The stocks of companies that produce and distribute alcoholic beverages have dramatically out-performed the broader market both in recent years. There are many factors that can lead to the relative out-performance of one sector. Surprisingly, however, so-called ‘sin stocks,’ including those of companies that produce and distribute alcohol, have a long history of delivering high returns to investors. Sin stocks tend to fall into the ‘value’ category, but even after accounting for the well-known value premium, a 2005 study, titled The Price of Sin: Effects of Social Norms on Markets, found that ‘sin stocks’ provide additional returns that cannot be explained by the value premium alone. The study finds that this out-performance is both substantial and statistically significant. The Folio Investing Wine, Beer, and Spirits Folio demonstrates that this out-performance has persisted in recent years, too. Continue reading →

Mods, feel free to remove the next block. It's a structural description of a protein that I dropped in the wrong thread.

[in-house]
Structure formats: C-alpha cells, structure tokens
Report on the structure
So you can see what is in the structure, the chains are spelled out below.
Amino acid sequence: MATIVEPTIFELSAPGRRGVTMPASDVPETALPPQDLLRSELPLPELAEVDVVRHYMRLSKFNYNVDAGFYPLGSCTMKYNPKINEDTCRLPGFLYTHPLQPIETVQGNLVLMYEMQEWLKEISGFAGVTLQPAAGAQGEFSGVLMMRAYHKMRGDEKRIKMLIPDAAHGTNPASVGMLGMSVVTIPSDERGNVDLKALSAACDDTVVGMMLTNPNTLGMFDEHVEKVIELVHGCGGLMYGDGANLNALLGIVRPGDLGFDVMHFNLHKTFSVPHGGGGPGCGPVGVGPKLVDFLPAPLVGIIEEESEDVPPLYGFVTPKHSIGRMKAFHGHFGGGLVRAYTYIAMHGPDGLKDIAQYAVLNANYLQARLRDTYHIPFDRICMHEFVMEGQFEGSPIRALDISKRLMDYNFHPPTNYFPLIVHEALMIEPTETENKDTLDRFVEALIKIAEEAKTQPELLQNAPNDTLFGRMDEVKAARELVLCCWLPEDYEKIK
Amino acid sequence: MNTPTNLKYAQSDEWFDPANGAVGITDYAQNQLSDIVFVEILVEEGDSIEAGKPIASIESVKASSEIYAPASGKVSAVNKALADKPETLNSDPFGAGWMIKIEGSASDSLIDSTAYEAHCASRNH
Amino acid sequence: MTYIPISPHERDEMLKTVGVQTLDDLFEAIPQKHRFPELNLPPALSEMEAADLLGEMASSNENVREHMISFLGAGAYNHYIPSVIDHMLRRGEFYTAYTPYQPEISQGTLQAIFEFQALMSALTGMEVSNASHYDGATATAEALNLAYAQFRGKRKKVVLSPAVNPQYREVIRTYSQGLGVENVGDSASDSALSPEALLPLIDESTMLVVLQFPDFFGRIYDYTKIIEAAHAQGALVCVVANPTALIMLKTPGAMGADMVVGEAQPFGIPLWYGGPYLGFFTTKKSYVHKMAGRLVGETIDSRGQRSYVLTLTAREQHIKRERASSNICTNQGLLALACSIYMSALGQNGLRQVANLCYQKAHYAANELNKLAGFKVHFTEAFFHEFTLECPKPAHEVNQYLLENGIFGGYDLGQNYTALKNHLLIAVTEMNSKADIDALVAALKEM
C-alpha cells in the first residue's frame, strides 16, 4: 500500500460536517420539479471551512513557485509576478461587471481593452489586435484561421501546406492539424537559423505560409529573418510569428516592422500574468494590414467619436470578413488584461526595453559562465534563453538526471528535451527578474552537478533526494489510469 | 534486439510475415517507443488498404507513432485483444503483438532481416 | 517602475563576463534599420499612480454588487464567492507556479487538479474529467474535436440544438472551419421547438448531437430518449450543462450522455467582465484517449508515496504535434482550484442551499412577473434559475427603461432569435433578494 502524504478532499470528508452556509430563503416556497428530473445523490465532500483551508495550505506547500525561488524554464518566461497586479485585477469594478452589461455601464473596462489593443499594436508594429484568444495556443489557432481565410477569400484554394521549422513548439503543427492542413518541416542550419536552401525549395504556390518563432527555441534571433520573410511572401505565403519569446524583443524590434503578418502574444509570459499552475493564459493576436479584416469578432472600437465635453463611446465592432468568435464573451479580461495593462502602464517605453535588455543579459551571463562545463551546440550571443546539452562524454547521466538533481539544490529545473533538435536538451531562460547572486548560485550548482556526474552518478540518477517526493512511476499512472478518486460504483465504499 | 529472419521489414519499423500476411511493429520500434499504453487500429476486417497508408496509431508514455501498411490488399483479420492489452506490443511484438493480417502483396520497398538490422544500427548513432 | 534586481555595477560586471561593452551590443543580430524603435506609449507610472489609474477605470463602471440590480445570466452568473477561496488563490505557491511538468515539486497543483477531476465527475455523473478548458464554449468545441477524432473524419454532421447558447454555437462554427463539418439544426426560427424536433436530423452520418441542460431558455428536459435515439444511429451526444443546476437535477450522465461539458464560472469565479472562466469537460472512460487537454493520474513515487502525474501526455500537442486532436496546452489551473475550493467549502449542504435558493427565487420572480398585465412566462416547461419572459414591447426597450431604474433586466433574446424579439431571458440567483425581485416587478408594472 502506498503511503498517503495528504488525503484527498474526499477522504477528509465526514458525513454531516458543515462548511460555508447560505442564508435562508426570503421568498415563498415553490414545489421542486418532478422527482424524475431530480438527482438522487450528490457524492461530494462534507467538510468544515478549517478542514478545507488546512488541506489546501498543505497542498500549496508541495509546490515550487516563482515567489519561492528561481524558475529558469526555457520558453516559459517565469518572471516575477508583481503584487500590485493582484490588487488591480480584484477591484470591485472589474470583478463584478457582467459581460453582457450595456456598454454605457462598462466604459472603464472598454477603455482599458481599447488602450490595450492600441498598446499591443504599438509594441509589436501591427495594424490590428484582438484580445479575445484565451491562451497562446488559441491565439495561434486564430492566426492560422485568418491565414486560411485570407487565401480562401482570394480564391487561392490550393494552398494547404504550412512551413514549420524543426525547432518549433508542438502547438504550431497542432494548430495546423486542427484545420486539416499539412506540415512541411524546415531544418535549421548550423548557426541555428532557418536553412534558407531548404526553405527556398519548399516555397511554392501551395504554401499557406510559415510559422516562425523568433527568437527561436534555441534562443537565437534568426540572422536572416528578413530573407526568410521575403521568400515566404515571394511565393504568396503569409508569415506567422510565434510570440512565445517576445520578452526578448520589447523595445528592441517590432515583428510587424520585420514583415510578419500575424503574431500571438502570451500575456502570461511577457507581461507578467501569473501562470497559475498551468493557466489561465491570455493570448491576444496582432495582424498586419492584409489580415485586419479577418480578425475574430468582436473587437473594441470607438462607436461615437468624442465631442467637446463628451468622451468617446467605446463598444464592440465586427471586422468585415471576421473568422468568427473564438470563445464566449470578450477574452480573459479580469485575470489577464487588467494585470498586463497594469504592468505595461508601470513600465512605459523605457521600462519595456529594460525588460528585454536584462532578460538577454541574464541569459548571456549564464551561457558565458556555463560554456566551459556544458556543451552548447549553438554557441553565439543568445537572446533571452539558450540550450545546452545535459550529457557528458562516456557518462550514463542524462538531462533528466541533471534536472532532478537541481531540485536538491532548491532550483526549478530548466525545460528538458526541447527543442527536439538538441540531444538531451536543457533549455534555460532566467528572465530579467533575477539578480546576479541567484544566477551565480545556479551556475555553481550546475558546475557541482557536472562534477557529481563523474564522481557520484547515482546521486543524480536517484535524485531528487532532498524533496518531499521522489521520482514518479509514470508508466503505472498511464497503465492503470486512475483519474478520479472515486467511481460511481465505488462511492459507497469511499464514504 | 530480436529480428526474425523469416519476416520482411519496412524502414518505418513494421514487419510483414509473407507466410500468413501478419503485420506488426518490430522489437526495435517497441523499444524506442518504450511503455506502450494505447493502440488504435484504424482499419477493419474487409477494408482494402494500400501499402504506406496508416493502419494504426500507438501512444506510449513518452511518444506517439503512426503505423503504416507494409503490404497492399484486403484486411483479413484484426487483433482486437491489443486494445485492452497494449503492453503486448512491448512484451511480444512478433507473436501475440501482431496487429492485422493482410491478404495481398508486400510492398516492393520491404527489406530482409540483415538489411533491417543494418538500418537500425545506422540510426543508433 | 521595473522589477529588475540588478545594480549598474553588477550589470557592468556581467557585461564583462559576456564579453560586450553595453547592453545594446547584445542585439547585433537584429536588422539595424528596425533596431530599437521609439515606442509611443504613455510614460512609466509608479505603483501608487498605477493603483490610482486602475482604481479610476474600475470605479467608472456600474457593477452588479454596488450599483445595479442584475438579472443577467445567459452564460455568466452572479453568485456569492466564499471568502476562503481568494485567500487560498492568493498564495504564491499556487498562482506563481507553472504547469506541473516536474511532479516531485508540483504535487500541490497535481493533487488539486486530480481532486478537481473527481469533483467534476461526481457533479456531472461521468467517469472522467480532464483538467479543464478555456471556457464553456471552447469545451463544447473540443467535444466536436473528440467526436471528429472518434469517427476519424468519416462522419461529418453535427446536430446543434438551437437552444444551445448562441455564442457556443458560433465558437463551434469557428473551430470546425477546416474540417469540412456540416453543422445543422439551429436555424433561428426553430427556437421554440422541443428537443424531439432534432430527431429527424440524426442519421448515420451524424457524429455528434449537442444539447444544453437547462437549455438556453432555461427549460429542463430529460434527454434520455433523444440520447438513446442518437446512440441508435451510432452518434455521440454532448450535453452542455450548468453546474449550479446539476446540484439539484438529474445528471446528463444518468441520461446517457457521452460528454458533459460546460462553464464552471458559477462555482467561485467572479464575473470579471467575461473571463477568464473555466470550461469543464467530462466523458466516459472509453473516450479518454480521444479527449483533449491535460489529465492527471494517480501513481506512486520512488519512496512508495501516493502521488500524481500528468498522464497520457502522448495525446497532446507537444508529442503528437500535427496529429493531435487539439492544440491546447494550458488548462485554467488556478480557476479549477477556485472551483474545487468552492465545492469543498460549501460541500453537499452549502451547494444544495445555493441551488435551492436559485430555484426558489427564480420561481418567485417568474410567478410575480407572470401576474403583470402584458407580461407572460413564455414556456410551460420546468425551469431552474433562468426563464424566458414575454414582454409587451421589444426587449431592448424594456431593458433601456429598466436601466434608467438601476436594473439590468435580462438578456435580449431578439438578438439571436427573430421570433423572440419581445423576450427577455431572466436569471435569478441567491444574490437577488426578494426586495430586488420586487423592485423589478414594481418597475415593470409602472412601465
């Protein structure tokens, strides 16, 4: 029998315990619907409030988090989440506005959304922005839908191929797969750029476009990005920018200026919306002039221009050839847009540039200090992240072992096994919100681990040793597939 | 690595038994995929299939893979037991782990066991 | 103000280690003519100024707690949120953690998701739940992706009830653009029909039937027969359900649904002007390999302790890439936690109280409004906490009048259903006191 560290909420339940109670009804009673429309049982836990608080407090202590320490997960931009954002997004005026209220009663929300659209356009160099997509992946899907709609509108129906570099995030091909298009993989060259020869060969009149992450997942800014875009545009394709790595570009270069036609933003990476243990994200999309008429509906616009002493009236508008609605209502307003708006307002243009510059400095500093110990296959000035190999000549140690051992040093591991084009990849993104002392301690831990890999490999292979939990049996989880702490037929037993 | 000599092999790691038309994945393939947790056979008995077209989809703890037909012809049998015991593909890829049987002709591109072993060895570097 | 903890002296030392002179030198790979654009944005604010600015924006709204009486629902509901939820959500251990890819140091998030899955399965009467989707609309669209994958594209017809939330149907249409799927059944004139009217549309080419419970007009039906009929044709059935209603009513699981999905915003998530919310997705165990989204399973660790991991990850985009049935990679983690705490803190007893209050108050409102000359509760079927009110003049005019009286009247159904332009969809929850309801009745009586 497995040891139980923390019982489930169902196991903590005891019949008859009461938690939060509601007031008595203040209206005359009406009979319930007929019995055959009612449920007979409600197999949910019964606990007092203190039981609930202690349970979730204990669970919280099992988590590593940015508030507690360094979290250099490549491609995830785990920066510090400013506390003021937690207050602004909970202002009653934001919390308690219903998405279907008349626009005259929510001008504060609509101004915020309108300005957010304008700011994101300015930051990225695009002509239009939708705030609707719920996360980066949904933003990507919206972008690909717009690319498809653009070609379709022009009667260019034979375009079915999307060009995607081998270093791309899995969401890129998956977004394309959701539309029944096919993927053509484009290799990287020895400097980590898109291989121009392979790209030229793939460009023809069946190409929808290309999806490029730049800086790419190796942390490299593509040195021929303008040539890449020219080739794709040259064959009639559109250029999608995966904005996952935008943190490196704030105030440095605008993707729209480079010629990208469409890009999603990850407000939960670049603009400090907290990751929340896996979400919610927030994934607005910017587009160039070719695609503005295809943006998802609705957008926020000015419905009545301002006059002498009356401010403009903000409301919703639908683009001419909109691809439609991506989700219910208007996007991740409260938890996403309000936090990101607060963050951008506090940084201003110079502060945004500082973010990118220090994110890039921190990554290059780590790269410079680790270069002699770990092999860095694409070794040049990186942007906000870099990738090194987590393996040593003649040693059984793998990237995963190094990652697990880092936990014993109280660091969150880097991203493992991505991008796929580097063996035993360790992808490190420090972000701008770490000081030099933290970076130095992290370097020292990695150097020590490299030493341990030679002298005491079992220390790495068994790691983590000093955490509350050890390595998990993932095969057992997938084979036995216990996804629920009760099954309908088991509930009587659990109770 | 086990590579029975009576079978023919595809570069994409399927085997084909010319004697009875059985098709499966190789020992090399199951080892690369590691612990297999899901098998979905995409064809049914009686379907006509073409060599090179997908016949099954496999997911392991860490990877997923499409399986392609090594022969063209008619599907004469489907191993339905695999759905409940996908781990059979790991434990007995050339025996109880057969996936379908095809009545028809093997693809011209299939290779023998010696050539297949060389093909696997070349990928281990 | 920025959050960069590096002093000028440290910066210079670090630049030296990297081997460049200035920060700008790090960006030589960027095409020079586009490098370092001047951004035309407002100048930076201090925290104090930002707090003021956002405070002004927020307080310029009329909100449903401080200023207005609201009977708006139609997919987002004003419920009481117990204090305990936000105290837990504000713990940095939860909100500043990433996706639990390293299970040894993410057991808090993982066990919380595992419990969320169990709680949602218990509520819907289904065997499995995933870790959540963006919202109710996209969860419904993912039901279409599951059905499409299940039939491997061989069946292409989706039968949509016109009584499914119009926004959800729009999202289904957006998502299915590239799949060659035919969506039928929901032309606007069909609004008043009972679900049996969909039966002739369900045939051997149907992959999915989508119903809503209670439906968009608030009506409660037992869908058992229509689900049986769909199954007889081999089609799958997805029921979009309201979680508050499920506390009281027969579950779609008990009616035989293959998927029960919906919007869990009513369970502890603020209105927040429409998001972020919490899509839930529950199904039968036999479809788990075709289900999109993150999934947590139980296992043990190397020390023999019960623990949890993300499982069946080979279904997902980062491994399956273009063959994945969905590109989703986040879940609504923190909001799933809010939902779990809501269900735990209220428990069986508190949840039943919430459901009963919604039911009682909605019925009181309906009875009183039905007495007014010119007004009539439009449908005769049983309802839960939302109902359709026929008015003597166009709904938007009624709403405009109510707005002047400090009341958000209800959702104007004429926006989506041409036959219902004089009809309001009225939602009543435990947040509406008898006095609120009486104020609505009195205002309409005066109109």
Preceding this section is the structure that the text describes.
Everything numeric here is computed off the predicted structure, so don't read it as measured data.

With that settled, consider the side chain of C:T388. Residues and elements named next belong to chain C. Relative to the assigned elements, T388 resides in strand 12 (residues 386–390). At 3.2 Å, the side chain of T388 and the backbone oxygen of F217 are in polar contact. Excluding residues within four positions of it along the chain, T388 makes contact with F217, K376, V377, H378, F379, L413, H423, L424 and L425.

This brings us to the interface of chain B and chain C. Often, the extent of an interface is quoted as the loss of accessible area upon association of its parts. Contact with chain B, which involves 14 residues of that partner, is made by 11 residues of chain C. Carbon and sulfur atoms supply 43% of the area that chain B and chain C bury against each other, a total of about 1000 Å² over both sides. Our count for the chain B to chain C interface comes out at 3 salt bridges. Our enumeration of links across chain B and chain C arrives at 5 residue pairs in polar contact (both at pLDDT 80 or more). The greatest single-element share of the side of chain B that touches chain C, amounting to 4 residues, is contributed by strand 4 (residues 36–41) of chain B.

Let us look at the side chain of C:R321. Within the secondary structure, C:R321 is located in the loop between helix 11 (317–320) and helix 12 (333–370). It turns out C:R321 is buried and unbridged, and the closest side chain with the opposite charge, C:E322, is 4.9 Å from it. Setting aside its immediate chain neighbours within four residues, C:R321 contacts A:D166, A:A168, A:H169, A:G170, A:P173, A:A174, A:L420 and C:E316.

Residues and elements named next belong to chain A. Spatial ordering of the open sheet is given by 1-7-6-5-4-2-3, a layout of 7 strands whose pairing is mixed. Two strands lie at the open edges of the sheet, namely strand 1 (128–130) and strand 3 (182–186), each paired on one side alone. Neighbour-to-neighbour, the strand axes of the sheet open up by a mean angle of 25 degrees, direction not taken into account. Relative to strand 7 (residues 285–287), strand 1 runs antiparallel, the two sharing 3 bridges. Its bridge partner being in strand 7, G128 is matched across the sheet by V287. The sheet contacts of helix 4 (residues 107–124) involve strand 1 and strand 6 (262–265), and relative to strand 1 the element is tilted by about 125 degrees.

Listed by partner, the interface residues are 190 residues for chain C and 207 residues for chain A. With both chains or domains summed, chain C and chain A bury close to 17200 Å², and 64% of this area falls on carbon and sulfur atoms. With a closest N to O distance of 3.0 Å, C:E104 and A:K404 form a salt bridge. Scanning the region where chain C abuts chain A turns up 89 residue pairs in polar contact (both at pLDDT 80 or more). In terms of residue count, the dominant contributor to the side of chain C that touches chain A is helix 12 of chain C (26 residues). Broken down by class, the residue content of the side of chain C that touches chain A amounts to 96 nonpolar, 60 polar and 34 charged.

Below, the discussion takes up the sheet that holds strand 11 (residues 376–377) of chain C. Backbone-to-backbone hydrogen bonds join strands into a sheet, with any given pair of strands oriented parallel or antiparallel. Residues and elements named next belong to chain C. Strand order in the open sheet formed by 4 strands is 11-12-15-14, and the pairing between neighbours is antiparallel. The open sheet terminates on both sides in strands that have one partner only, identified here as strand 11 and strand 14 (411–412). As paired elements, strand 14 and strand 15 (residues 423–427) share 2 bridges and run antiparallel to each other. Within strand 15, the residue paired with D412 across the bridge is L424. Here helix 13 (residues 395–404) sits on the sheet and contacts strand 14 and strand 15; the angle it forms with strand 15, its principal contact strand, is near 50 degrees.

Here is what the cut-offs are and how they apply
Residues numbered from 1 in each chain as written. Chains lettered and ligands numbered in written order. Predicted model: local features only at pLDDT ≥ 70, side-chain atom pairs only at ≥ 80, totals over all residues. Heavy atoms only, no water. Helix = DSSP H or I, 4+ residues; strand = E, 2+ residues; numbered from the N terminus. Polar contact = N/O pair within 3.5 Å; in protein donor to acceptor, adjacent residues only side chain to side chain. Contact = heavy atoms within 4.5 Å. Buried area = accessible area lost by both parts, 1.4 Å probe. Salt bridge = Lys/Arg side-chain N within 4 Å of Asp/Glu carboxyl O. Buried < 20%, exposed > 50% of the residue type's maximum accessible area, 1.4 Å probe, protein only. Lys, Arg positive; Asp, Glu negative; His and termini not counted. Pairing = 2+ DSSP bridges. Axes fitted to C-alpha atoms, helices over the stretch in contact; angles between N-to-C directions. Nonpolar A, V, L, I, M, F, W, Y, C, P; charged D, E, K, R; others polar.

A new article in Knowledge@Wharton highlights a body of research that suggests that the universe of public companies is very different than in the past. There are, for example, 44% fewer publicly-listed companies on U.S. exchanges than there were only fifteen years ago. The Wharton article is a review of a range of work, including both experts who believe that we are seeing a decline in the role and significance of public firms and those who conclude that we are seeing a natural part of the business cycle. In the late 90’s, it seemed as though every small company, with or without a proven product of earnings, was rushing to cash in on IPO fever. Many of these companies subsequently failed. Today, after a decade of weak market performance and with individual investors increasingly skeptical of the stock market, it is not surprising that fewer firms are going public. The Wharton article also cites increased oversight and regulation of public companies as encouraging firms to remain private. Continue reading →